TELECOM Digest OnLine - Sorted: Re: Telephone Exchange Usage in Low-Volume States

Re: Telephone Exchange Usage in Low-Volume States

Neal McLain (
Thu, 18 Aug 2005 17:38:15 -0500

I wrote:

> In order to accommodate inbound DDD, it was essential that every
> number have a 7-digit format. But SxS switches couldn't
> accommodate 7-digit dialing, so telcos faked 7-digit numbers by
> prepending dummy digits. Local calls continued to be dialable
> with only four or five digits; however, if a local caller
> actually dialed all seven digits, the prepended digits were
> absorbed by "absorbing selectors" -- i.e. ignored.

Whereupon responded:

> I don't understand. Below is the local dialing plan we had when
> I was in school.

> Carbondale, IL, (Jackson County) 1971 General Telephone

> 618-453 - So. Il. Univ., Carbondale. IL
> 618-457 - Carbondale, IL
> 618-549 - Carbondale, IL
> 618-867 - De Soto, IL
> 618-684 - Murphysboro, IL
> 618-687 - Murphysboro, IL

> From/to any Carbondale NXX (1, 2, or 3): 5-digits allowed,
> 7-digits supported (618-453 required a ?9? to dial out from the
> university, but 5-digits allowed within the university
> PBX/Centrex/whatever)

> From Carbondale NXX (1, 2, 3) to De Soto (4): 7-digits required

> From Carbondale NXX (1, 2, 3) to Murphysboro, (5, 6): 7-digits
> required.

> From Murphysboro or De Soto to Carbondale, 7-digits required.

> (I believe that locally, only 5-digits were required in
> Murphysboro and only 4-digits in De Soto.)

My guess: the GTE Carbondale office used type "AR" (absorb repeatedly)
selectors on the 4th and 5th levels. Local (within Carbondale) calls
were dialable with only five digits, but if a local caller dialed all
seven digits, the prepended digits (4 and/or 5) were absorbed and
ignored. Nearby communities (7-digit dialable) were segregated on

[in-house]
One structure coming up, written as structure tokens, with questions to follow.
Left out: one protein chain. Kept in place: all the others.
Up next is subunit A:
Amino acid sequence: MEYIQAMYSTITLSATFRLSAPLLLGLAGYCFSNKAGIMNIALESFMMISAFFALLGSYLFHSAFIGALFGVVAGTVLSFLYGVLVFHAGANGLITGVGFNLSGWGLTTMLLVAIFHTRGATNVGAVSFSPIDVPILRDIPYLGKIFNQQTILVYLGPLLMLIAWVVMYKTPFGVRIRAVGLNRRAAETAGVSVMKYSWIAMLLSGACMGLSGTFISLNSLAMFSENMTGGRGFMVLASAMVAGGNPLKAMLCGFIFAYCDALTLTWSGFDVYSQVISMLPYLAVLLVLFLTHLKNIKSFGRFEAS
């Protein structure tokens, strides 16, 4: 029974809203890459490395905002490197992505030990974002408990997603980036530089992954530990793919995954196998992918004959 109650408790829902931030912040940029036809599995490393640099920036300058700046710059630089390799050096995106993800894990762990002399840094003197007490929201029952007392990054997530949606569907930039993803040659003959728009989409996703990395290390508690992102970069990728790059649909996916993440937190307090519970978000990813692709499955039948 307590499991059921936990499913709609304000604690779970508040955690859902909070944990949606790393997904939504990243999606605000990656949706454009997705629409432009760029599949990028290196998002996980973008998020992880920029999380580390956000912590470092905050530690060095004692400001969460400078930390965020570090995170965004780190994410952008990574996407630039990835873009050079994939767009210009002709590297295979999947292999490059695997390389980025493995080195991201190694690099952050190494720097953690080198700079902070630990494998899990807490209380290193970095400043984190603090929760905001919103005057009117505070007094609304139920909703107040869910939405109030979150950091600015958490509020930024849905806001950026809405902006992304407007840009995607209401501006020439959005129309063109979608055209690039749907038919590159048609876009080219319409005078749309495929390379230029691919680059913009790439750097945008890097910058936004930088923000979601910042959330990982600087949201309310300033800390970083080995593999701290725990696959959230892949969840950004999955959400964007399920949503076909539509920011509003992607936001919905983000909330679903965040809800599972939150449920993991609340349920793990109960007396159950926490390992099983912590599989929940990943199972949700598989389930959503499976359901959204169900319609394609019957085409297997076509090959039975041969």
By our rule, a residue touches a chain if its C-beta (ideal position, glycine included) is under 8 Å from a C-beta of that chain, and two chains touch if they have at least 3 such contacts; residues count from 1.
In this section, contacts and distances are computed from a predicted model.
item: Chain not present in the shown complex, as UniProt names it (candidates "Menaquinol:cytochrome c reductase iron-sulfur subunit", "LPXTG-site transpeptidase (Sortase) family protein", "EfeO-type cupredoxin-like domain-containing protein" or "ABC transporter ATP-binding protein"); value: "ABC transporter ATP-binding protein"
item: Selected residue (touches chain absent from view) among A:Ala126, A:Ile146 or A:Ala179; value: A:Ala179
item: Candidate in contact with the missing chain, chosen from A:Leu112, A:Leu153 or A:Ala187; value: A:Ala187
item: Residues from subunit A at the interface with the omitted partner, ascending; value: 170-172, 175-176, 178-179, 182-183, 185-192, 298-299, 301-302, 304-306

separate levels (6th and 8th).

Which means that you could have dialed any combination of 4s and 5s
before dialing anything else, with no effect on the end result. For
example, you could have dialed 444554444555544443-XXXX to reach SIU.

With this in mind, the Carbondale dialing plan would have been:

----- ---------- ------------ ----------------------
----- ---------- ------------ ----------------------
1 11X Vertical service codes
2 Blank level ?
3 3-XXXX 618-453-XXXX SIU., Carbondale. IL
4 absorbed
5 absorbed
6 68X-XXXX 618-68X-XXXX Murphysboro, IL
7 7-XXXX 618-457-XXXX Carbondale, IL
8 867-XXXX 618-867-XXXX De Soto, IL
9 9-XXXX 618-549-XXXX Carbondale, IL
0 0 0 Operator
----- ---------- ------------ ----------------------

If my guess is correct, the 2nd level would have been blank (perhaps an
error tone). Did you ever dial it to see what happened? continued:

> Outside of these 3 exchanges, but within the 618 NPA:
> 1+7-digits required Outside the 618 NPA: 1+NPA+7-digits
> required

I suspect it's now:
Within the 618 NPA: 1+618+7-digits
Outside the 618 NPA: 1+NPA+7-digits

Unless the ICC has adopted the New York/California plan in 618, in which
case it's now:
Within the 618 NPA: 7-digits
Outside the 618 NPA: 1+NPA+7-digits

In this same thread, noted:

> As long as the dialing is unique, there is no reason that an ESS
> couldn't absorb digits just like an SxS could.

True. But it would have been enormously complicated, if not impossible,
to add more NNX prefixes as the community grew. A case in point: the
Carbondale office described above. (Note that I use NNX here, rather
than NXX, because most of the crossbar/ESS conversions occurred long
before 01/01/95.)

I realize that Illinois isn't one of the "low-volume states" that you
mentioned in your posting. But the problems associated with five-digit
dialing are universal, and occur in all states.

In 1971, there was only one unused level in Carbondale (2nd), so only
one new NNX would have been possible: NN2. The obvious choices would
have been 442, 452, 542, or 552 (to maintain the look and feel of the
existing NNXs); however, it appears that all four were already in use
NPA 618. So GTE would have had to find something on the 6th or 8th
levels (as it happens, 618-862 is still available today).

In any case, NN2 would have been the last non-conflicting NNX available
in Carbondale.

Now imagine yourself trying to play this game in every small community
across southern Illinois (or any other area code). In every case, you'd
have to pick a new NNX that:

- Wasn't already in use elsewhere in the area code.
- Didn't conflict with the local dialing plan.
- Didn't conflict with the dialing plan in any nearby community.

And you probably wouldn't even have Lotus 1-2-3 to help you do it!

Footnote: new prefixes in Carbondale today include 319, 351, 503, and
529. SIU's centrex has added 536.

Neal McLain

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